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Symantec experiment reveals dangers of stolen phones

Veronica C. Silva | April 2, 2012
Finders of 'lost' phones tried to access data on phones.

Mobile device users have been warned time and again of the dangers should their mobile devices be stolen. To prove these dangers, Symantec has recently revealed the results of its experiment on what really happens to phones if they are stolen.

The Symantec study -- dubbed the Symantec Smartphoney Honey Stick Project -- involving 50 'lost' smartphones revealed that 96 percent of these phones are accessed by finders of the devices.  Symantec explained that this may be due to curiosity, particularly when it comes to accessing personal information. Among the personal data that the finders access on the 'lost' smartphones include social networking, online banking, photos, and "saved passwords."

The study was conducted in four major US cities (New York City, Washington D.C., Los Angeles and the San Francisco Bay Area) and Ottawa, Canada.

Symantec provided the smartphones with simulated corporate and personal data to test what will happen to these data. No security features, such as security software and passwords, were provided for the smartphones before they were left in public, high-traffic areas such as elevators, malls, food courts, public transit stops. Symantec added in the smartphones some capabilities to monitor what happens to the smartphones after they were found.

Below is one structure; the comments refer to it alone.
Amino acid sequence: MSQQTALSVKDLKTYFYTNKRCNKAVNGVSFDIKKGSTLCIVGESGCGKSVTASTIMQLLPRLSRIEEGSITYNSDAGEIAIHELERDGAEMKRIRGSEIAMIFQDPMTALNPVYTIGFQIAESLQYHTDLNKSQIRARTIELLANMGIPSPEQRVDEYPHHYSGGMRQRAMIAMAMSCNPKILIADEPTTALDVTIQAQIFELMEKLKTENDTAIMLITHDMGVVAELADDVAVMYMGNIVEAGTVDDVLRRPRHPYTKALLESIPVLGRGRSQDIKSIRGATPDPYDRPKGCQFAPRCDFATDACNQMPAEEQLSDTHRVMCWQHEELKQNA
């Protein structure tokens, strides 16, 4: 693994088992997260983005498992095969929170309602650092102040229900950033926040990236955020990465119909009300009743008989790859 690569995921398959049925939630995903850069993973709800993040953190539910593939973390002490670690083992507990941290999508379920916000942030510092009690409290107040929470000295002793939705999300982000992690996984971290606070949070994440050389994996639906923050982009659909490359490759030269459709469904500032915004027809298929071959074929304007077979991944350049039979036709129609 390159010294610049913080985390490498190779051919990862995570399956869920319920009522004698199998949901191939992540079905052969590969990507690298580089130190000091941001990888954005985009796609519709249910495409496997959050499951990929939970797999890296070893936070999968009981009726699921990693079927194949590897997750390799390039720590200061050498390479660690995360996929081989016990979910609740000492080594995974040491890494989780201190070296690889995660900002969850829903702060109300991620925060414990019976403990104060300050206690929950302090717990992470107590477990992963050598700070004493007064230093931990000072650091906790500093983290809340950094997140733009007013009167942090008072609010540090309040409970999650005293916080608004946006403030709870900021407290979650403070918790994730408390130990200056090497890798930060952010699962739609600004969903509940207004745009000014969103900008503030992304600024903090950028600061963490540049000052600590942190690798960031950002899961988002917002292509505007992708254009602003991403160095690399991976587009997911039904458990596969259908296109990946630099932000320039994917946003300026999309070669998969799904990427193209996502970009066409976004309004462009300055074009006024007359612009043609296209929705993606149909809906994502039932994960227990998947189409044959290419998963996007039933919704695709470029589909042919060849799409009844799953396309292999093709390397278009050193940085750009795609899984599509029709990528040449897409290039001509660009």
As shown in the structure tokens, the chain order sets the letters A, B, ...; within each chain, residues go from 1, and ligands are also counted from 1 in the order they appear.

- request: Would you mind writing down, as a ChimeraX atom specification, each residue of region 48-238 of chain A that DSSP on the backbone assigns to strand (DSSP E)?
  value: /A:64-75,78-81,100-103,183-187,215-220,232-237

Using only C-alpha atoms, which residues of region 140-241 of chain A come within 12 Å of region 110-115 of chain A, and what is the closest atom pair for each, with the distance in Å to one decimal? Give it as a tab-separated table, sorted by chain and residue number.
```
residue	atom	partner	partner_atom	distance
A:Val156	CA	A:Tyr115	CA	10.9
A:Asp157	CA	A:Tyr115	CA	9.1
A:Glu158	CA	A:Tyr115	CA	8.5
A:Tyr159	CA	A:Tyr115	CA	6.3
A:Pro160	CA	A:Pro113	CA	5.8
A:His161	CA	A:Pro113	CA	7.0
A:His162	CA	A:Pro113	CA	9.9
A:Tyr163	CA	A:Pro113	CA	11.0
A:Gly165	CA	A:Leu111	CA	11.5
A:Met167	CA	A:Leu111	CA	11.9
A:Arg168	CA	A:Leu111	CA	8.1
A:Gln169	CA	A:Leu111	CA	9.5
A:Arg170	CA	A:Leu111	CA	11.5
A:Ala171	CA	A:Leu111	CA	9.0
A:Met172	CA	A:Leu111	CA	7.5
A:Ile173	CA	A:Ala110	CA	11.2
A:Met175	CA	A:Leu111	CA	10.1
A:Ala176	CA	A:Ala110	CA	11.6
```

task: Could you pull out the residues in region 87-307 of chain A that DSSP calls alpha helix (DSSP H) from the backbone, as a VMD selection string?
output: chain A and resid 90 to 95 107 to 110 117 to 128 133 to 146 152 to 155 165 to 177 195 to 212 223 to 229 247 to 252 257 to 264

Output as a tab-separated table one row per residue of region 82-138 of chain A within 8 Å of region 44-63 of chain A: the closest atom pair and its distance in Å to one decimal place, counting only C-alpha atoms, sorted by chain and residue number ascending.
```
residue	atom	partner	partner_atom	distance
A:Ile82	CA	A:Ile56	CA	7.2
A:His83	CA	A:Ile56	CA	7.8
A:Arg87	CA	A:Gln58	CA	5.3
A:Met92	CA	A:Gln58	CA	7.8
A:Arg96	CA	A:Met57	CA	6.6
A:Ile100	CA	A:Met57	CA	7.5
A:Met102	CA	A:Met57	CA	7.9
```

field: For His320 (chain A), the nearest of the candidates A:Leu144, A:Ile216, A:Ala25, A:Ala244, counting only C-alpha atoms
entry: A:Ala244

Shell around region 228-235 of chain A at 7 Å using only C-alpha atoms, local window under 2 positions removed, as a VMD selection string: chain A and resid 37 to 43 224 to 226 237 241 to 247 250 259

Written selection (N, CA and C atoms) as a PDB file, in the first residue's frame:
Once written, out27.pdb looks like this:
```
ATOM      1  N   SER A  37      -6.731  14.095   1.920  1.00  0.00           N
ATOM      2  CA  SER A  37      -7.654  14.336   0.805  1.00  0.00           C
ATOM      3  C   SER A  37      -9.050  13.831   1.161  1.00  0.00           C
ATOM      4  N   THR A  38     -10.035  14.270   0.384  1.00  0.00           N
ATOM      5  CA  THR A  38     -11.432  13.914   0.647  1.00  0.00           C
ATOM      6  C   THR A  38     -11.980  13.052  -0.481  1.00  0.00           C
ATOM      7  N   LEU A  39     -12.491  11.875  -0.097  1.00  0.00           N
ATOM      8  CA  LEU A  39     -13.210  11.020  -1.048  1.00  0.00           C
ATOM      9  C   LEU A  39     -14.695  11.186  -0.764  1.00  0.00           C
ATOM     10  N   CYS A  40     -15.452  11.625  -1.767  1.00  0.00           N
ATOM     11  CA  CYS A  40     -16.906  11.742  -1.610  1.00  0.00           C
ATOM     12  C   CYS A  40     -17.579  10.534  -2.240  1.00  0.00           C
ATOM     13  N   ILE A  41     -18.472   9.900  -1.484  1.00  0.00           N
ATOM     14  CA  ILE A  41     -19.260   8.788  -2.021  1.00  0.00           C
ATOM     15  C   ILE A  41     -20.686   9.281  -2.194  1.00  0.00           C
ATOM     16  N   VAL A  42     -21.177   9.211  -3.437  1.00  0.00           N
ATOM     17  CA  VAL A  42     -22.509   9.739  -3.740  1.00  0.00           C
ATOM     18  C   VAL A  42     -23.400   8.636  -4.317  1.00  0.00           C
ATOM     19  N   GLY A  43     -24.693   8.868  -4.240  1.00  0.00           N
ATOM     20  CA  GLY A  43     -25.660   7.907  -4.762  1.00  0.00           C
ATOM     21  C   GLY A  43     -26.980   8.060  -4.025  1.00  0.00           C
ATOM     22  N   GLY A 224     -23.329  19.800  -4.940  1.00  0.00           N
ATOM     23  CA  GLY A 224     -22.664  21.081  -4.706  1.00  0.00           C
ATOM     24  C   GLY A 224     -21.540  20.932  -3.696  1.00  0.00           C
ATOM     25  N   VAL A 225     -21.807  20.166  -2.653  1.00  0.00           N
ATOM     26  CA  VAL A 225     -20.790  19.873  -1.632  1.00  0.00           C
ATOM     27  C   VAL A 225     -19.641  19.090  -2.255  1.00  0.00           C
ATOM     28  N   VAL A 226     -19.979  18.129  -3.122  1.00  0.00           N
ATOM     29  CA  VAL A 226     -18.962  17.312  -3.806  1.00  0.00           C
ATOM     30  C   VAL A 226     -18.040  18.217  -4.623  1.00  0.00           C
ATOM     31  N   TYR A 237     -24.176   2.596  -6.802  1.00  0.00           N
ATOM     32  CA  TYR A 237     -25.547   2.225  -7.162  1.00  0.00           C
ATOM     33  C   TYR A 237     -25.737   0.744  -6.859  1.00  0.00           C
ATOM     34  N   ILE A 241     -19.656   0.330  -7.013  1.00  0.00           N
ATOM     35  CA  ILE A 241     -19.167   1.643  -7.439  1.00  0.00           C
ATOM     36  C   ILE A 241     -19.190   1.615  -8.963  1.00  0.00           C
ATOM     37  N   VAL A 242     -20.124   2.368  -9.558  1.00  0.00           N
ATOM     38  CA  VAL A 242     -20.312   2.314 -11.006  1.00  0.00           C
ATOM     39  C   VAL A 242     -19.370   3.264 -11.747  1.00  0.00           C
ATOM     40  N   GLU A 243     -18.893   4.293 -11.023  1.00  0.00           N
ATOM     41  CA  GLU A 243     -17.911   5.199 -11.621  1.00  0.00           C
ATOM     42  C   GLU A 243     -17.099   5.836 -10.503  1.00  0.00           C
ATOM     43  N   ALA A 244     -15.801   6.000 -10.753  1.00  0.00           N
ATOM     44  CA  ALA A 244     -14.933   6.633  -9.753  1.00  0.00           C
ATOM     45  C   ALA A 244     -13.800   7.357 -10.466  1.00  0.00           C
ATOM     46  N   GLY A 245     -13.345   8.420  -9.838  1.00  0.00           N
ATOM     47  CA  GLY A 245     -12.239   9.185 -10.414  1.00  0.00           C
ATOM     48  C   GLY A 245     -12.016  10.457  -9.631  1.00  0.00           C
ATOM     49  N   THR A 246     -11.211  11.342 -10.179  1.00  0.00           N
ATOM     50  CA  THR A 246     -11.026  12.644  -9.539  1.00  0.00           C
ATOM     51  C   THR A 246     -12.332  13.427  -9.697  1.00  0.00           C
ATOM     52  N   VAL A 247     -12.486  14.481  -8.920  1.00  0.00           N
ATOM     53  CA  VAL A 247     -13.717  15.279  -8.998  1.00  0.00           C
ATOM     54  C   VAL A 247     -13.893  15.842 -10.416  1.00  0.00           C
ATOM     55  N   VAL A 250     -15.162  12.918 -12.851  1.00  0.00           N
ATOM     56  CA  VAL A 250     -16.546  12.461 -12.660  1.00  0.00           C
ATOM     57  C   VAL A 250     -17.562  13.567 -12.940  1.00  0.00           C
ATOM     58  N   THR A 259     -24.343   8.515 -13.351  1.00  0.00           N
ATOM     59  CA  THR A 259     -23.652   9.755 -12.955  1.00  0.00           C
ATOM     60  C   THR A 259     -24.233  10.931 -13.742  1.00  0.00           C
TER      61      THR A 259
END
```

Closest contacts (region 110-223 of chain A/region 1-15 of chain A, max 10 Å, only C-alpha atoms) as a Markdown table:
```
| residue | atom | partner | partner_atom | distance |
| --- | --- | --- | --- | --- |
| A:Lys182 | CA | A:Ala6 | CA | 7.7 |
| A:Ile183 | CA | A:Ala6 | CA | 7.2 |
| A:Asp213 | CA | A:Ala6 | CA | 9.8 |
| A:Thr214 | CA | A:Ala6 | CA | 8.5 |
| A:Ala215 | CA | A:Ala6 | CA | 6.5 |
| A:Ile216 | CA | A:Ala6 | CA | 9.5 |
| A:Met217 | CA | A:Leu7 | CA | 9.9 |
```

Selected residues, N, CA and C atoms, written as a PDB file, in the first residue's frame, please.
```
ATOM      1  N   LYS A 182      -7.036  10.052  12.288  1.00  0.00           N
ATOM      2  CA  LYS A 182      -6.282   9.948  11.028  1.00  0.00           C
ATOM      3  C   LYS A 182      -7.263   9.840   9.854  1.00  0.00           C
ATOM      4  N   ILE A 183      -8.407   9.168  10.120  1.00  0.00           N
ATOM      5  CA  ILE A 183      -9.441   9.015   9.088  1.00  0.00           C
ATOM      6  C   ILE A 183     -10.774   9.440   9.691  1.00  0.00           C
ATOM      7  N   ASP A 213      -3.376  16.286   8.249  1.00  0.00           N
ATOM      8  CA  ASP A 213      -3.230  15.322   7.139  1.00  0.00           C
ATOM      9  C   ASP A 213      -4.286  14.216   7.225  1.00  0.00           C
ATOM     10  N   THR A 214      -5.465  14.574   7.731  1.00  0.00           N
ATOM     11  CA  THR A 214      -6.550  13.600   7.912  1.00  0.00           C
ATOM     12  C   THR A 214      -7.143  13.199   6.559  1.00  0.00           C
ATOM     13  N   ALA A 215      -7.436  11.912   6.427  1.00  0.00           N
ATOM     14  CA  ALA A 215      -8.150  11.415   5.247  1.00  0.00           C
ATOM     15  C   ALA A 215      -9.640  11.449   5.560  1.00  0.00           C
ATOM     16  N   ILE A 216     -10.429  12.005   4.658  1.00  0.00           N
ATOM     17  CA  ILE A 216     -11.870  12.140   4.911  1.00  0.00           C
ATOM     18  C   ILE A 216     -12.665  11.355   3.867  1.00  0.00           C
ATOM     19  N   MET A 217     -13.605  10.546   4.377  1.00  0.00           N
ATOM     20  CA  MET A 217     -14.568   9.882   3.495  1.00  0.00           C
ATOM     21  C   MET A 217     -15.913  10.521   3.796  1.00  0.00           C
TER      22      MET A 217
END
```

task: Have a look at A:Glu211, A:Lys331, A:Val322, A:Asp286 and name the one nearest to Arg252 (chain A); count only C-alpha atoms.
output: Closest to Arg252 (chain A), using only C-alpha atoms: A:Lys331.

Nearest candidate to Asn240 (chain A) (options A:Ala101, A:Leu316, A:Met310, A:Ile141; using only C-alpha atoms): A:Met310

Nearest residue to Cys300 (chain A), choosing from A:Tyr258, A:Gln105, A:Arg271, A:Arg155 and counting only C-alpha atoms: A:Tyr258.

The study also noted that when a business-connected mobile device is lost, there is more than an 80 percent chance that there is an attempt to breach the corporate data and/or networks. Examples of corporate information access included corporate e-mail, and files titled "HR Salaries" and "HR Cases".

Symantec said the experiment demonstrates the "high risks" involved if mobile devices are not properly managed. The security company then recommends that companies should set policies on security and data/data management.

"The theft or accidental loss of a smartphone can expose businesses and individuals to loss of any data stored on the device, as well as data residing in corporate systems or cloud applications to which the device might have direct connection," said Lawrence Li, systems engineering manager, Symantec Hong Kong. "Companies and individuals should take all necessary precautions to protect sensitive information from unauthorised access."

Symantec suggests that companies should educate their employees about the risks involved in owning mobile devices. Companies should also take an inventory of mobile devices connected to their network.


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